The charismatic bankrupt who allegedly pulled the strings behind Singapore's largest stock manipulation scandal

The charismatic bankrupt who allegedly pulled the strings behind Singapore's largest stock manipulation scandal

Stanislaus Jude Chan
26/03/19, 04:23 pm

SINGAPORE (Mar 26): Garbed in purple overalls, John Soh Chee Wen cuts a relaxed figure as he takes his seat. The garment falls fittingly on his athletic frame, not unlike a designer suit. It could well have made a fashion statement, save for the word "prisoner" emblazoned in white across the back.

As his legal team huddled around him before the start of the trial, the 60-year-old is a picture of calm. At one point, he casually flashes a thumbs up at his lead counsel, N Sreenivasan, a managing director and senior counsel at Straits Law LLP.

Then, as he turns back to his seat in the dock, Soh shares an easy smile with a hawk-eyed guard standing over him.

Just moments ago, before the defence counsel returned to the courtroom from the judge's chambers, Soh was deep in conversation with his co-defendant, Quah Su-Ling. The alleged co-conspirators are said to have shared an “intimate relationship”.

Quah is attentive. Armed with a yellow notepad, she scribbles down notes during the conversation. Presumably, she would later share these points with her own defence counsel, led by Philip Fong, a managing partner at Eversheds Harry Elias LLP.

In contrast, Soh looks tranquil. His prison uniform – he has been held in remand since November 2016, and has been denied bail for fear of being a flight risk – is the only visible sign that he is on trial. Almost nonchalantly, he crosses his legs – no mean feat, considering his ankles are cuffed – and leans back ever so slightly. His body language betrays no sign of anxiety, if he was feeling any.

Though, he should be feeling anxious. Soh is described as the mastermind behind what authorities have described as "the most serious case of stock market manipulation in Singapore".

Together with Quah, Soh is alleged to have orchestrated, via 189 trading accounts controlled by the pair, the remarkable rise – and just as spectacular plunge – in prices of shares in three companies: Blumont Group, LionGold Corp, and Asiasons Capital (now renamed Attilan Group).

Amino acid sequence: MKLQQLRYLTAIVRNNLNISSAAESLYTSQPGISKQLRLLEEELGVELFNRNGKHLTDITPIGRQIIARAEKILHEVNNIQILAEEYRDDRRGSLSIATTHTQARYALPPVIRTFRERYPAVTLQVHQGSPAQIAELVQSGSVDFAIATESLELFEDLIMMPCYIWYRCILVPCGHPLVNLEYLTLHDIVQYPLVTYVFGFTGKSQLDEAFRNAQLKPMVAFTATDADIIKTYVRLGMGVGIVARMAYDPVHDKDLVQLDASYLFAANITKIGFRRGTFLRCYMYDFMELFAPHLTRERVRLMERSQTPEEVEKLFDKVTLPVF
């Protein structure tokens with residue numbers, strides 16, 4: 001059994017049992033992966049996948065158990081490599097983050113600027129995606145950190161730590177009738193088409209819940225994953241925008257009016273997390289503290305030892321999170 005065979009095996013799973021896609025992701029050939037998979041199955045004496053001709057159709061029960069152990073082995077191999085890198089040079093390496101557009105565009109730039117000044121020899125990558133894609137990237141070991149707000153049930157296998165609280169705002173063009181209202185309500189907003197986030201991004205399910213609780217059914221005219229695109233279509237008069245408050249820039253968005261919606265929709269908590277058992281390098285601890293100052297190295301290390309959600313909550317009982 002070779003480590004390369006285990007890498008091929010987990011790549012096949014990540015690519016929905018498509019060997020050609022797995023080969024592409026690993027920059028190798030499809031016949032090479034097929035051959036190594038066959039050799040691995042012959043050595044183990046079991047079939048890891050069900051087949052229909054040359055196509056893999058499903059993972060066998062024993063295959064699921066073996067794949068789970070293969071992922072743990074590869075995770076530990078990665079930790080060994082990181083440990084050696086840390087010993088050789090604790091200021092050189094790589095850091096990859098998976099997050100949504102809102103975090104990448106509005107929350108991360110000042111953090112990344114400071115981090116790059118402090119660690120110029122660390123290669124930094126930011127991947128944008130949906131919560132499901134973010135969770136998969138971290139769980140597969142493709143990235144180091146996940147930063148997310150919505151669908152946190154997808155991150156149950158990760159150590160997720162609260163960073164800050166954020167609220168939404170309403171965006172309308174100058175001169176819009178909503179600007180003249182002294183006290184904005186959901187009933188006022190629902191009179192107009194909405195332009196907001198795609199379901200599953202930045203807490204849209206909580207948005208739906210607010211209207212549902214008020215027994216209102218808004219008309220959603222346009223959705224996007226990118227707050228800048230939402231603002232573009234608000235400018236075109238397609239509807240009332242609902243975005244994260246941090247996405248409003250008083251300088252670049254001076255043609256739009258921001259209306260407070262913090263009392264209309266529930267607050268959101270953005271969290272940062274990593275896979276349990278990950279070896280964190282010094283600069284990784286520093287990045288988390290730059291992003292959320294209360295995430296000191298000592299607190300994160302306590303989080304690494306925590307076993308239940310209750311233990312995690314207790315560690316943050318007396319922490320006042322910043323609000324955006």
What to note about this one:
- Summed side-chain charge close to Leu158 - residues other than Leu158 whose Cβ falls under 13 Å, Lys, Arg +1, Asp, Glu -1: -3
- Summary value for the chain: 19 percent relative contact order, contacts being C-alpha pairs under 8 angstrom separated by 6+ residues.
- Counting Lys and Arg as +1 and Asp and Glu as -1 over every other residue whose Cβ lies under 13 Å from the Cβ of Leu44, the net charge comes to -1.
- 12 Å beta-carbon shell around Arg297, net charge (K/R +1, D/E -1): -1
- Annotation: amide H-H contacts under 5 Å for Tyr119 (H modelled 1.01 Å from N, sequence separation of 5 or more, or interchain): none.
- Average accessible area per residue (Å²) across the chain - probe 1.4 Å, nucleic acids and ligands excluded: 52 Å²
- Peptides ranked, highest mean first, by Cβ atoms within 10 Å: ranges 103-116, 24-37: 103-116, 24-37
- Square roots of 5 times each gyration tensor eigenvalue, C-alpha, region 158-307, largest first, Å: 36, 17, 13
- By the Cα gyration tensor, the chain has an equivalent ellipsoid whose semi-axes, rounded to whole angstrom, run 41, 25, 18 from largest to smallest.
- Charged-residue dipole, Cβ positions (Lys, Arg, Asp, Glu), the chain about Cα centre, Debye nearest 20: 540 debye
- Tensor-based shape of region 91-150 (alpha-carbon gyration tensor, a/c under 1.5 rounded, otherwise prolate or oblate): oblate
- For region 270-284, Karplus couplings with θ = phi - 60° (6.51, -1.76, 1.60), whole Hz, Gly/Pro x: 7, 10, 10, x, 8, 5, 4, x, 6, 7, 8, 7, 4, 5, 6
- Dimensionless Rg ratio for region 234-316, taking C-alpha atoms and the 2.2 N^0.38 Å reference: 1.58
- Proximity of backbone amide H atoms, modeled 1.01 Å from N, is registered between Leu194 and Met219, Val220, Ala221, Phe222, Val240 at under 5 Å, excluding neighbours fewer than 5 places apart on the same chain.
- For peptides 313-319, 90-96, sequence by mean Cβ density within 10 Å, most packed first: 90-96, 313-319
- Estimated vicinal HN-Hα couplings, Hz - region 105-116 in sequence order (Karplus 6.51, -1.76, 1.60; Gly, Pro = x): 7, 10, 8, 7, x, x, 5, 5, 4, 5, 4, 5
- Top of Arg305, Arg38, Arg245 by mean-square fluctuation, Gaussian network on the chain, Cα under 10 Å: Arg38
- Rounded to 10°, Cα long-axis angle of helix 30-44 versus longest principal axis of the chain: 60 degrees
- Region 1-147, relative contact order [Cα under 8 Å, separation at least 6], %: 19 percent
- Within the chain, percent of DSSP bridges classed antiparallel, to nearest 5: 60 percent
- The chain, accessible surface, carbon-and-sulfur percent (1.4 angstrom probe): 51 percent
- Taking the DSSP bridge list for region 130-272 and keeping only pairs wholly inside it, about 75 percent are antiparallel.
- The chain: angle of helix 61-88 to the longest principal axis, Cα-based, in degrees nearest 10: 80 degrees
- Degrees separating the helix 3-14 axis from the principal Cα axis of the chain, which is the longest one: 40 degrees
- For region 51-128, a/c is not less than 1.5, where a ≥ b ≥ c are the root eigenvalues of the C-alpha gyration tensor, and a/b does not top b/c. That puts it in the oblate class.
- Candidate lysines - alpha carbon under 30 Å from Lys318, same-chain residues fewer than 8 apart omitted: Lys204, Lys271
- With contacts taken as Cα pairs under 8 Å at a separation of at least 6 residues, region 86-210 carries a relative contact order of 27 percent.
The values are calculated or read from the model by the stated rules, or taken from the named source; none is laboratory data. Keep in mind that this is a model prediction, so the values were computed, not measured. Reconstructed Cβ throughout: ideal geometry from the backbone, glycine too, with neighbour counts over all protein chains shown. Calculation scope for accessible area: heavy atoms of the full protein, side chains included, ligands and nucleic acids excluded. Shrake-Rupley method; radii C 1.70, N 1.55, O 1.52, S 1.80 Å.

In October 2013, their ploy unravelled, wiping out $8 billion in market value in the aftermath.

"Do you understand the charges against you?" asks Justice Hoo Sheau Peng in court on March 25, in Day One of the long-awaited trial for the scandal that rocked the Singapore Exchange and has battered investor confidence in the bourse.

"Perfectly," Soh answers.

He could have replied with a simple "yes", as did Quah when she was asked the same question moments later. But that would have been uncharacteristic of him.

Soh is a showman, and beams with a self-confidence that has allowed him to charm his way into a position of power in the penny stock saga, despite being an undischarged bankrupt. And this is the John Soh show.

Soh is said to have been the mastermind behind the scheme. Indeed, the Malaysian national pulled the strings, and masterfully played the role of puppet-master.

First, none of the 189 trading accounts used to artificially inflate the liquidity and manipulate the price of the shares in the three companies was his own. Instead, Soh willed Quah and 59 other individuals and companies – drawn from family, friends and known associates – to hand over their trading accounts for him and his co-conspirator to control.

These include the trading accounts belonging to Adeline Cheng Jo-Ee, who prosecutors describe as Soh’s “romantic partner”, as well as trading accounts belonging to two companies owned by Cheng and her father. Cheng is expected to be called as a prosecution witness against Soh and Quah later in this first tranche of the trial.